doi: 10.6017/scjr.v6i1.1783

The Book of Leviticus Interpreted as Jewish Community

Robert A. Harris

Abstract


This article addresses an essay, published in 2001 by John Van Engen, entitled "Ralph of Flaix:  The Book of Leviticus Interpreted as Christian Community.”  Ralph’s voluminous commentary, composed and published in the mid-twelfth century, aimed, in Van Engen’s words, at “refuting Jewish arguments” about the biblical book and the nature of the levitical law, particularly as these arguments might influence young Christian clerics who were “fascinated and troubled by a close reading of the biblical text.”

The present article examines three rabbinic commentaries on Leviticus roughly contemporary with Ralph, those of Rashi, Rashbam and R. Joseph Bekhor Shor.  Through examining the “close reading” through which these three exegetes interpreted specific biblical texts, the article considers whether or not they presented what might be considered as “the Book of Leviticus Interpreted as Jewish Community” and as such conveyed what may have been the types of arguments with which Ralph was in conversation.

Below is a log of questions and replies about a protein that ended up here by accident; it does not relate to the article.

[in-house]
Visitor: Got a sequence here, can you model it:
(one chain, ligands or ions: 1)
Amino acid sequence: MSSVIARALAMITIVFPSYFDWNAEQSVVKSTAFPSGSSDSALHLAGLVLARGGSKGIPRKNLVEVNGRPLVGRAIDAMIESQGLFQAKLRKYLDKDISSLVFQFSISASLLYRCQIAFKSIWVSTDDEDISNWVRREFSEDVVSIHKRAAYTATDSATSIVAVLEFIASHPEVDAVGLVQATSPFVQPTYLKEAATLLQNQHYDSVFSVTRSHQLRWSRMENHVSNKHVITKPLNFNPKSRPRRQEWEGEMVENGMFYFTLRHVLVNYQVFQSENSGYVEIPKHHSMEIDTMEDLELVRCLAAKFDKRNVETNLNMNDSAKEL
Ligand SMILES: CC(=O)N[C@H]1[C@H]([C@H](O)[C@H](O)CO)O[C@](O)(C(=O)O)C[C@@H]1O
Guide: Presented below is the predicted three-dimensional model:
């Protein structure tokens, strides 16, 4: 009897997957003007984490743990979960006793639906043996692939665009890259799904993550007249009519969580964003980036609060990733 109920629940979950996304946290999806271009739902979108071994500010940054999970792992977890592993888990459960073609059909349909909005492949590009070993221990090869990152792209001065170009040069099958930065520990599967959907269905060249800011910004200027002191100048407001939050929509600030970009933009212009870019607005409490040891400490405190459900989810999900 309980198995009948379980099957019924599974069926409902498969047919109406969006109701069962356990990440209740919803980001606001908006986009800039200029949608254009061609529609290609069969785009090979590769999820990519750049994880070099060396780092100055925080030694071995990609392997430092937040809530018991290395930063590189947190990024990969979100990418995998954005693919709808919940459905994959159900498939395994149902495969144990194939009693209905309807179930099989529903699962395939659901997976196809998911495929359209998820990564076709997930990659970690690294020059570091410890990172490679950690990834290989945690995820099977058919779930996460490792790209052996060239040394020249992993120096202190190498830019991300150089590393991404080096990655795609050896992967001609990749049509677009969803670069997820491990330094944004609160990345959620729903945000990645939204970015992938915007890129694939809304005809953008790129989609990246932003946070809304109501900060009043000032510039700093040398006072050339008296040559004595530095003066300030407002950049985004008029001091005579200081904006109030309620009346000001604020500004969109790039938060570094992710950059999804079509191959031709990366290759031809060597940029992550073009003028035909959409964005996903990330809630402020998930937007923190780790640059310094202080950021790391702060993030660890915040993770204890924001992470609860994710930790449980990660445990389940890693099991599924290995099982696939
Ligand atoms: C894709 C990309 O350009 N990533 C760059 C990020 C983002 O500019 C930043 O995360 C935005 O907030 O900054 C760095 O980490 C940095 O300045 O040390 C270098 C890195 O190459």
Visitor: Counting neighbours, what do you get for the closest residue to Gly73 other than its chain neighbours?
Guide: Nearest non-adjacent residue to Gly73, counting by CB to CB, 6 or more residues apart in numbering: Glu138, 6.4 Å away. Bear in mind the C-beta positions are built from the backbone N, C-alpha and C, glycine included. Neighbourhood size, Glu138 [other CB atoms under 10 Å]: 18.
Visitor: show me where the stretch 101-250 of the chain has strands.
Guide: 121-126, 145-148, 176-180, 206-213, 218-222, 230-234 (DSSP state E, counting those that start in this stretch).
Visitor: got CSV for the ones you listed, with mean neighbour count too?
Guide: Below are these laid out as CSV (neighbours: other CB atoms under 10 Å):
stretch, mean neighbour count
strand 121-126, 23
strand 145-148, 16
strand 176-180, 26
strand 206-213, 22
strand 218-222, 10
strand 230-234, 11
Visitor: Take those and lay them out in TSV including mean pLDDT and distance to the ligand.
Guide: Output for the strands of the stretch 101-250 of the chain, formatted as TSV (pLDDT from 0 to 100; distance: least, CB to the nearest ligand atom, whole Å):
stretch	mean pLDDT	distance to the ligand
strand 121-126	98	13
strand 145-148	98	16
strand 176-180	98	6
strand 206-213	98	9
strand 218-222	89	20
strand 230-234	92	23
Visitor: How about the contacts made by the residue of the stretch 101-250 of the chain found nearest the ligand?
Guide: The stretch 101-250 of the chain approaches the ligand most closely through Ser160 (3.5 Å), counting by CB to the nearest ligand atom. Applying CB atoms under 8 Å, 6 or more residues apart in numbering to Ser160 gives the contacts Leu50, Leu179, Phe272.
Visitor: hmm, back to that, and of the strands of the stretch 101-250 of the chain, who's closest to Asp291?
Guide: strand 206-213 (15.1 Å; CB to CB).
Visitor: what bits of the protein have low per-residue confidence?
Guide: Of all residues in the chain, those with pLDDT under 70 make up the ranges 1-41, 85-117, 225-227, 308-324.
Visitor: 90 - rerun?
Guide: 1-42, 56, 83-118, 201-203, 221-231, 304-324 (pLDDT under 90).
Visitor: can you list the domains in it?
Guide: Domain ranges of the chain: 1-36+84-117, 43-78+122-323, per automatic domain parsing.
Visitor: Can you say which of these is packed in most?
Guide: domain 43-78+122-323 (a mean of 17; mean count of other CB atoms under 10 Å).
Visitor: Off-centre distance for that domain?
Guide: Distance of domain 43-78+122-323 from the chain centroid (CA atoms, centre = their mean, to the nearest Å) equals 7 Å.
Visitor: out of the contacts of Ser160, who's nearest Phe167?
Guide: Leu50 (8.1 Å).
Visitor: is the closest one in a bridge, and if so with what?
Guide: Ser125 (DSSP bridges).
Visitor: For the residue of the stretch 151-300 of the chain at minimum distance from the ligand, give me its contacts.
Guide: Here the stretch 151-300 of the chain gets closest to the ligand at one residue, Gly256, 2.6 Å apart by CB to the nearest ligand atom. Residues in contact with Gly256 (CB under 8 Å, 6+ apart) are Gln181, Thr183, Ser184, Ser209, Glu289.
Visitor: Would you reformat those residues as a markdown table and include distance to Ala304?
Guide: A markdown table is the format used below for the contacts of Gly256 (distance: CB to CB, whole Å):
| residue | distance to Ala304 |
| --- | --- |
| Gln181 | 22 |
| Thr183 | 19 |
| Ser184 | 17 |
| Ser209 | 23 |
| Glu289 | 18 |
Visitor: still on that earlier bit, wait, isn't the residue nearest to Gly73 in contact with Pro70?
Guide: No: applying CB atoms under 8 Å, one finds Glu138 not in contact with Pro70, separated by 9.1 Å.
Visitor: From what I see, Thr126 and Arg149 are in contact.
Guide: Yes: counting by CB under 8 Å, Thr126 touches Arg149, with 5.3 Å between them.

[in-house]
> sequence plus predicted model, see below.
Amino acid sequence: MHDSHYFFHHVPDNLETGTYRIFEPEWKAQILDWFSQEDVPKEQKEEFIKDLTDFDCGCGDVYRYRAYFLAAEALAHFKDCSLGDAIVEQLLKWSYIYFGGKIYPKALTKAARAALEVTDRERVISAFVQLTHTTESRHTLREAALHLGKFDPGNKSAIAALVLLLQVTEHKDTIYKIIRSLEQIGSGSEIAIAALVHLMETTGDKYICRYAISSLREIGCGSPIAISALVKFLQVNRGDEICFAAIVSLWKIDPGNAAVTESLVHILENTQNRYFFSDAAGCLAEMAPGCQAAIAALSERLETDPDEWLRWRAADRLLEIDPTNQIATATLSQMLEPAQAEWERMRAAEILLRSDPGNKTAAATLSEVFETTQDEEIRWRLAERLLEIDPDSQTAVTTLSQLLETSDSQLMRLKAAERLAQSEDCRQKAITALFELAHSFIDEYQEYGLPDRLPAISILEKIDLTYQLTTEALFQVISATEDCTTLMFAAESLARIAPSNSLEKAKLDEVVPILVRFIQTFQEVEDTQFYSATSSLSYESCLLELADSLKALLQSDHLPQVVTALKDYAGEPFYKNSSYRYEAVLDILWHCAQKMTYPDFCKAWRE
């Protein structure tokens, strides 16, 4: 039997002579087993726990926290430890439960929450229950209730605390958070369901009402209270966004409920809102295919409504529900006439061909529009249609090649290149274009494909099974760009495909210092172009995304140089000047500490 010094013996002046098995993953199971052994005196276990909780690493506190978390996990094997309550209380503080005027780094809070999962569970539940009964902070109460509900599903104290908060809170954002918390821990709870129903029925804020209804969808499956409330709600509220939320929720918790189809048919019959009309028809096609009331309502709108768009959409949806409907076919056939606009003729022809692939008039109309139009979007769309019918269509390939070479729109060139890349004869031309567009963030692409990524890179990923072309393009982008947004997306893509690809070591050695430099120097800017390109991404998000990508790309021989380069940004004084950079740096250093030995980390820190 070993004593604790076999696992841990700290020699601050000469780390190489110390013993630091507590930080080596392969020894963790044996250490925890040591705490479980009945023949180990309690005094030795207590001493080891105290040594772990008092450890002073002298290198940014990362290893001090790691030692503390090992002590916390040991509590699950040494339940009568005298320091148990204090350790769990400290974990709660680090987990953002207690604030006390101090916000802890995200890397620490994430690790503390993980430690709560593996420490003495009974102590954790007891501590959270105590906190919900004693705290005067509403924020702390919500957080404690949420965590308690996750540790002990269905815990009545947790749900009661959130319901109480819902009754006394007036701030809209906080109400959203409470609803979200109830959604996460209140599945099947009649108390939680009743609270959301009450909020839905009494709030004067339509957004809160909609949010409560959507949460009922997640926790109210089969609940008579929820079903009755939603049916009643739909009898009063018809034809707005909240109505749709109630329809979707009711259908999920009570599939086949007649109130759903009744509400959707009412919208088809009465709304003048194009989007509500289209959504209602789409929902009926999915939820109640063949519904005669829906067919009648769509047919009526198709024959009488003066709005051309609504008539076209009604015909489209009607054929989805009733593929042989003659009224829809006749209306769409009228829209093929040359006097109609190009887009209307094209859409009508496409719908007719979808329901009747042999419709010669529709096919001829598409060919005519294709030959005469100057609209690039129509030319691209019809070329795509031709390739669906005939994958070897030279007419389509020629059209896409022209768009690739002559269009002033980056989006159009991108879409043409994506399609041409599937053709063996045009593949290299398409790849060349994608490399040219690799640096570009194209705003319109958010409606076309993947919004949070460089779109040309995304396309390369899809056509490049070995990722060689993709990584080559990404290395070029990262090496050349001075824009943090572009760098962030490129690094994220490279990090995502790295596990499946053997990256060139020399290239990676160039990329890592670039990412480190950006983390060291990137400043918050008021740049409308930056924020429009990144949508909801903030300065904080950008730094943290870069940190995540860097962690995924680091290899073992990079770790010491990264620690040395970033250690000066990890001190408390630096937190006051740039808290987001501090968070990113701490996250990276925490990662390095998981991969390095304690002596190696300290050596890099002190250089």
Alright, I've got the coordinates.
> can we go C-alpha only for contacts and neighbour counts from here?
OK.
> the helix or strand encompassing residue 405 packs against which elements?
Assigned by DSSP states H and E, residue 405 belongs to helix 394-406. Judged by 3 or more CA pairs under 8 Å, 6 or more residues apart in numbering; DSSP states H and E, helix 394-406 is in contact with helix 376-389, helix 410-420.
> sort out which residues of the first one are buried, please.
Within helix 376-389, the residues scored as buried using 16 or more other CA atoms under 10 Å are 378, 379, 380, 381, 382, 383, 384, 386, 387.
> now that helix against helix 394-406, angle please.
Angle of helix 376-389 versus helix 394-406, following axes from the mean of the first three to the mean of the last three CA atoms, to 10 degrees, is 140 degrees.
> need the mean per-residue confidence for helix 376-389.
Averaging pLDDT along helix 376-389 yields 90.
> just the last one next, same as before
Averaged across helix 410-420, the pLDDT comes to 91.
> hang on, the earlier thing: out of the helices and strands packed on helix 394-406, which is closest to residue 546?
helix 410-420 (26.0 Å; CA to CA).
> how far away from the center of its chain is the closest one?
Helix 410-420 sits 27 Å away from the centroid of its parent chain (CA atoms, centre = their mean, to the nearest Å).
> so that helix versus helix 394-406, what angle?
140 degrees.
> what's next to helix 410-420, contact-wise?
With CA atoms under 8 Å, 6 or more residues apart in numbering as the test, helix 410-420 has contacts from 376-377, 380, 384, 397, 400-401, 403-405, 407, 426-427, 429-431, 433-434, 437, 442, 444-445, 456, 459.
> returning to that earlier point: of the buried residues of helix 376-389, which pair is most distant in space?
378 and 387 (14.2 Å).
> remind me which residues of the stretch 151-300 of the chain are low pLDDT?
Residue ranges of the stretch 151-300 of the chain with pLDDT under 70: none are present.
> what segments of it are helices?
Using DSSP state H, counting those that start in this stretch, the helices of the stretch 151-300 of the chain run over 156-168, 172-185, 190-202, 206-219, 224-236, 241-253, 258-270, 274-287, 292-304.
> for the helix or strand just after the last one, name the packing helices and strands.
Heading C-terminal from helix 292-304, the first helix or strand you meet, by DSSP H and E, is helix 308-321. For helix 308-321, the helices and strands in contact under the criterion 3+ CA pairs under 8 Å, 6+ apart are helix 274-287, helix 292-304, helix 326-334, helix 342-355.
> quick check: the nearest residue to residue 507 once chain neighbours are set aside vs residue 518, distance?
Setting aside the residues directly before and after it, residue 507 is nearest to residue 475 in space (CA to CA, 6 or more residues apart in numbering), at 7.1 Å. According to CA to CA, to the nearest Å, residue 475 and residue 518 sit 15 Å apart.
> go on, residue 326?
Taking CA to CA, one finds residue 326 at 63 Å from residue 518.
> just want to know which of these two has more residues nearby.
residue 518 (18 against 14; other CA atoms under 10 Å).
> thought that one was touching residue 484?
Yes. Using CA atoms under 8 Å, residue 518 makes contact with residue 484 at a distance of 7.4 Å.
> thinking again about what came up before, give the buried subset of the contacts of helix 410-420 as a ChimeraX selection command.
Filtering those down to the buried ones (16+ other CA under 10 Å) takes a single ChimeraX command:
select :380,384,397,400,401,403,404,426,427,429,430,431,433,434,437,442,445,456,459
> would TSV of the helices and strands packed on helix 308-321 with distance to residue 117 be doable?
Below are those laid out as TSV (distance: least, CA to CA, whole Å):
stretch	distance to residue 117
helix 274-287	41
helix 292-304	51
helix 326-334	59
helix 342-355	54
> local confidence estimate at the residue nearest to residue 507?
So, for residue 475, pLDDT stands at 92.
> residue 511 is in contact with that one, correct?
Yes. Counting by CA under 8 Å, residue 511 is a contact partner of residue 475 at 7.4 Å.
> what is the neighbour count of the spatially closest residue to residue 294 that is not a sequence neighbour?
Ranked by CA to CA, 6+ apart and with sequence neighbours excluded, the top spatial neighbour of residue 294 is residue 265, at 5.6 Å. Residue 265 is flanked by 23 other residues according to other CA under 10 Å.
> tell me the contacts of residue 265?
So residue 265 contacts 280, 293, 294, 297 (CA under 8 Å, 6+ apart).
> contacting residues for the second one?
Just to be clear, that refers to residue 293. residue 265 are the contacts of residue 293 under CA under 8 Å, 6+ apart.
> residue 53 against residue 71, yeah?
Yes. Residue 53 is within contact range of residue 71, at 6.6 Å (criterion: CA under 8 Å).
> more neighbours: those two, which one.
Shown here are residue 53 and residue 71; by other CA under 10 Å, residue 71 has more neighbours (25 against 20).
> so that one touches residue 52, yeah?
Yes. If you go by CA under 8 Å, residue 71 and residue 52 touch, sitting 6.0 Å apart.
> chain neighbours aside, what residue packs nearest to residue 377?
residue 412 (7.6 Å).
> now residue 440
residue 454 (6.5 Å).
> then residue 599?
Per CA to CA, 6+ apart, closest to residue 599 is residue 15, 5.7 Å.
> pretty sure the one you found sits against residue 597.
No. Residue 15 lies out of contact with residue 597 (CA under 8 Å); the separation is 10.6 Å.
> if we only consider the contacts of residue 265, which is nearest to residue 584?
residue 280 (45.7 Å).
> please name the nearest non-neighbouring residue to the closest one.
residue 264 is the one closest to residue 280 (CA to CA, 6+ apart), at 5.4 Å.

The article does not attempt to provide a direct correspondence between specific Jewish and Christian exegetes.  Rather, the article suggests that the content and form of 12th century Jewish and Christian biblical exegesis bespeak a type of conversation among those using the literary genre of “commentary writing,” and that it is possible to gain an understanding of the contours of that conversation through analysis of the commentaries they wrote.  Additionally, the article examines ways in which medieval Jewish exegetes may have advanced arguments in their commentaries that were intended to sustain the Jewish community in their observances and belief structures in the presence of Christian hegemony.

 


Full Text: PDF